The last time I used colour consistently was last summer with my Pentax K10D, approaching a year ago now.
Since then, I’ve enjoyed an extended mono phase, partly because I just love the simplicity of black and white, and partly because I haven’t really found a consistent way of making colour photographs I like.
I’ve come close with presets in Hipstamatic, then Snapseed, and not quite so close with the in camera settings of my Pentax Q.
Out on my first proper photowalk the other day with the Lumix GF1, trying out one of my favourite lenses I’ve ever used, an M42 Zeiss Flektogon 35/2.4, I was, as has become the norm, well immersed in monochrome.
The GF1, like its little sibling the LX3, has an excellent dynamic monochrome mode that gives me b/w images I like straight out of camera.
But then I came across a leaf on the forest floor, that epitomised the slow draw that autumn has over the summer. The colours were too beautiful to ignore and capture in b/w.
So I switched from the b/w custom memory I’ve created to a colour mode.
I half stumbled, half experimented through a set of “My Color” (alas the Japanese, like Americans, can’t spell colour) modes in the GF1, and one that seemed to capture the leaf just as I wanted – natural, yet somehow deeper, more vivid, more special. And yet simultaneously, a little moody and muted too.
Experimenting further, I managed to make a handful of photographs with this mode, after a little extra tweaking, and saved it as a custom mode.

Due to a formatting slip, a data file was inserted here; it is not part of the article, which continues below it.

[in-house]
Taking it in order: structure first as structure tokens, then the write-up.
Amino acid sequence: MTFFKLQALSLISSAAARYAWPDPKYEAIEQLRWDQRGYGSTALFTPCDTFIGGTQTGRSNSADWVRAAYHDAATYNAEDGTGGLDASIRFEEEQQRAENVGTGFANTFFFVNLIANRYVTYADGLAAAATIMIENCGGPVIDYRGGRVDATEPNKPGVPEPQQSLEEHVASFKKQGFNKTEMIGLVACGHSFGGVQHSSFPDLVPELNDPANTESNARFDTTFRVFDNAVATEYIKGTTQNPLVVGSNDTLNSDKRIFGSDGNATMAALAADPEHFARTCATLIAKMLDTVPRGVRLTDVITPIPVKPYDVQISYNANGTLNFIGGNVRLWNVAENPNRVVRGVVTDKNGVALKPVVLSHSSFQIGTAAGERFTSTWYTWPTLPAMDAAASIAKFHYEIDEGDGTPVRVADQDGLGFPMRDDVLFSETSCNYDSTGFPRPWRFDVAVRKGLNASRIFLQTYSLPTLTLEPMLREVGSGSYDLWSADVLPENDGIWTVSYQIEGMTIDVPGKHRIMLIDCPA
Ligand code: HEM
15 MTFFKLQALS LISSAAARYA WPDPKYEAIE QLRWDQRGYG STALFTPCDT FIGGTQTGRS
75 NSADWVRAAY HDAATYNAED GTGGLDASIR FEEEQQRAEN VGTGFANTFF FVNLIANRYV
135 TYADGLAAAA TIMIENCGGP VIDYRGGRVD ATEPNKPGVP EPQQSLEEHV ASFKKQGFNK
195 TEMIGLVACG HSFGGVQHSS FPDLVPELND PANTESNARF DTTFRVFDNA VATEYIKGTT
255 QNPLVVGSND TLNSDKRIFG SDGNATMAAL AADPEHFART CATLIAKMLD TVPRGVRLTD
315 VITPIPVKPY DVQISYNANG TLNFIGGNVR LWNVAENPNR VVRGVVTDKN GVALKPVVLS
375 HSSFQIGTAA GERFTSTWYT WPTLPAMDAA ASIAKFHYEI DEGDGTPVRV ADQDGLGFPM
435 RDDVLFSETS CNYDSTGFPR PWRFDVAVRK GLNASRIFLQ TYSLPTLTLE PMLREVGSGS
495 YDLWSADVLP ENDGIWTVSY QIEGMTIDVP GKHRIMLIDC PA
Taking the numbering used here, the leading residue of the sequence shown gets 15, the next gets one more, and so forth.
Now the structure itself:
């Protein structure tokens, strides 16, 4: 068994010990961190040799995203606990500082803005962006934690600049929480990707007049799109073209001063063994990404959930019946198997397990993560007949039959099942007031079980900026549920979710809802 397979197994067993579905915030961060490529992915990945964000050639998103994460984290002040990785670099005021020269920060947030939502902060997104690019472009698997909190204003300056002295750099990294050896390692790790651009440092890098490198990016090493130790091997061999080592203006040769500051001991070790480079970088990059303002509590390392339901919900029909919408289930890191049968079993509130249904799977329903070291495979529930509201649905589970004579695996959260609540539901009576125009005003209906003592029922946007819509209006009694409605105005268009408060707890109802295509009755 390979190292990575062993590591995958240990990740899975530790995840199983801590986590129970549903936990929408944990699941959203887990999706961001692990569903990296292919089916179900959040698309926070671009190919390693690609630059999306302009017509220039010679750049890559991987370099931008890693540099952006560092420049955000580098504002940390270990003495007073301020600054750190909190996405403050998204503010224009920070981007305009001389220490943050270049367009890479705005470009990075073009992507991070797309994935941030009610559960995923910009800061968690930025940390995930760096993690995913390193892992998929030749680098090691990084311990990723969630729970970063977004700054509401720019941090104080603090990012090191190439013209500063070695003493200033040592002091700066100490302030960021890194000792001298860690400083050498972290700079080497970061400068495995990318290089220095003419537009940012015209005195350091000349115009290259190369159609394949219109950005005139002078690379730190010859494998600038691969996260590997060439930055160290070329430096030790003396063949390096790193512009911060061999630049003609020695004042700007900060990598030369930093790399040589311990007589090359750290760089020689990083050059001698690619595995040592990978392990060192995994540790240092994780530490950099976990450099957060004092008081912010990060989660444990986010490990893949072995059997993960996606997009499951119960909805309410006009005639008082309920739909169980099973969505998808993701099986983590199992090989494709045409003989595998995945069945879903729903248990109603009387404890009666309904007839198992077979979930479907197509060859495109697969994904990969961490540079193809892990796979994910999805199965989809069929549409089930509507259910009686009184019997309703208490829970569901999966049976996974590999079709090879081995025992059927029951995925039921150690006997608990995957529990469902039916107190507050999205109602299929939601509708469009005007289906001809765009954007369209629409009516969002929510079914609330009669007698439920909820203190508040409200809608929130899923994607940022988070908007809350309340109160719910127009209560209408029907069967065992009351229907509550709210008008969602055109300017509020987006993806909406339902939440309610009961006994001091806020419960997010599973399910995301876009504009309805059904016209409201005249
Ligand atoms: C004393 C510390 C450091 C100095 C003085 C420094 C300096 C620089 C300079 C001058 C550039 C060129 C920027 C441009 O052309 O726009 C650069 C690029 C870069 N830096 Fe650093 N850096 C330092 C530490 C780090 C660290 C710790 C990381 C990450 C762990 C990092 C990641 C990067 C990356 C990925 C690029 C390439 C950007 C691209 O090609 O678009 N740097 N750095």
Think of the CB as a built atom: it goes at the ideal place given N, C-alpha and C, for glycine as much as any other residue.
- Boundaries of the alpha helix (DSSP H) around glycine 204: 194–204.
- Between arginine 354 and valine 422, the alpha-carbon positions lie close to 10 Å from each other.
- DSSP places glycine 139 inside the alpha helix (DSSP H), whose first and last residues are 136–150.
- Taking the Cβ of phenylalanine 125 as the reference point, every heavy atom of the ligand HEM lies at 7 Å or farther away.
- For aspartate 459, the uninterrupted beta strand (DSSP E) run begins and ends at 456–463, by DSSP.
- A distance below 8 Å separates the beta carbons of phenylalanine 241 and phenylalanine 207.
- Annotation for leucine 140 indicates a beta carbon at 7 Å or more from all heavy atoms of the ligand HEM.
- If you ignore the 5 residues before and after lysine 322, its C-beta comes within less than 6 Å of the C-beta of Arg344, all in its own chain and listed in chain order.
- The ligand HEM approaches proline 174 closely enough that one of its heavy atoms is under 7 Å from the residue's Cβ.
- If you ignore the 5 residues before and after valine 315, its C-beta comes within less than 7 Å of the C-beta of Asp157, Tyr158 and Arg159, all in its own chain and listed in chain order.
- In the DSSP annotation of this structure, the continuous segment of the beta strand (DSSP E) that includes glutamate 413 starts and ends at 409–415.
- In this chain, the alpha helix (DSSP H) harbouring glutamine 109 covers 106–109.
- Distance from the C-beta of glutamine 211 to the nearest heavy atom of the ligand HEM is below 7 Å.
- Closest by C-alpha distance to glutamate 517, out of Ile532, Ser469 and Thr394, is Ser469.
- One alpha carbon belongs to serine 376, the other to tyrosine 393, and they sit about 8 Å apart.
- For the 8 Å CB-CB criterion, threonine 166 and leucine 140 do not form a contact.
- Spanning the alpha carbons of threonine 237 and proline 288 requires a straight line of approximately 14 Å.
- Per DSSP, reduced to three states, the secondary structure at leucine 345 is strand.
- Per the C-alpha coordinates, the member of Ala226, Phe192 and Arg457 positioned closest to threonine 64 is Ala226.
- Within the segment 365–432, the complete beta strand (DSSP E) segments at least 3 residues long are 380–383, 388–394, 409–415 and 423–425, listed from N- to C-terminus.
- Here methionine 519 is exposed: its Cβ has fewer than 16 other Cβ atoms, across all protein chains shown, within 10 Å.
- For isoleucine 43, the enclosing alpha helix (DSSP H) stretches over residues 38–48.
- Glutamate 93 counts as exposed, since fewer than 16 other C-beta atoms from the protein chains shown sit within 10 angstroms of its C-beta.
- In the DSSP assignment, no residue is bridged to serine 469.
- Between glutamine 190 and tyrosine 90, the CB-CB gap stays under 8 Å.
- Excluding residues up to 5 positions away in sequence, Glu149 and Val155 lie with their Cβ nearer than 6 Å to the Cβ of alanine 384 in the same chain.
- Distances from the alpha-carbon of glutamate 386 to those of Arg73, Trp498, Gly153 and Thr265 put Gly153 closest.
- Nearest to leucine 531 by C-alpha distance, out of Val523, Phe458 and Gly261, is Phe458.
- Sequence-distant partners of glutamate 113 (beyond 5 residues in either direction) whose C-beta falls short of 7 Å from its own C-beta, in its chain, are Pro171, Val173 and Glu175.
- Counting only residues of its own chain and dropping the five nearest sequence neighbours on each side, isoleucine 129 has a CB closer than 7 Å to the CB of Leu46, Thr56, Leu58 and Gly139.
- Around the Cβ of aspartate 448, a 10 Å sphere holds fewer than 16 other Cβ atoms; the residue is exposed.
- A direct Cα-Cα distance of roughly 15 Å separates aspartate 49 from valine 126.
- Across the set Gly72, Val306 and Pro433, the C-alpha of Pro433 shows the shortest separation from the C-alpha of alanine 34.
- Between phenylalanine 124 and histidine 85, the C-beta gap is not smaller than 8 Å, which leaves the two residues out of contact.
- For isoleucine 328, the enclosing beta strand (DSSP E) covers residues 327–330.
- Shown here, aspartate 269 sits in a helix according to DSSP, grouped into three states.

So for now, I have the C1 mode for (dynamic) b/w and C2-1 for what might reasonably be called dynamic colour.
I don’t how much is the camera settings and how much the lens, but I know when I used the Flektogon both with film and with my DSLRs I was rarely disappointed. It has its own certain magic.
It will be interesting to see how this colour set up works with other M42 lenses, and, eventually, with a native Lumix Micro Four Thirds Lens, if I get one down the line.
With this combo though, it makes me very excited to shoot more with the GF1 and Flektogon combo, especially as it was very pleasing with b/w photos too.
How do you shoot and process colour photographs? Does it vary between cameras or do you have one consistent approach that gives you the same colours?
Let us know in the comments below. (Remember to tick the “Notify me of new comments via email” box to follow the conversation).
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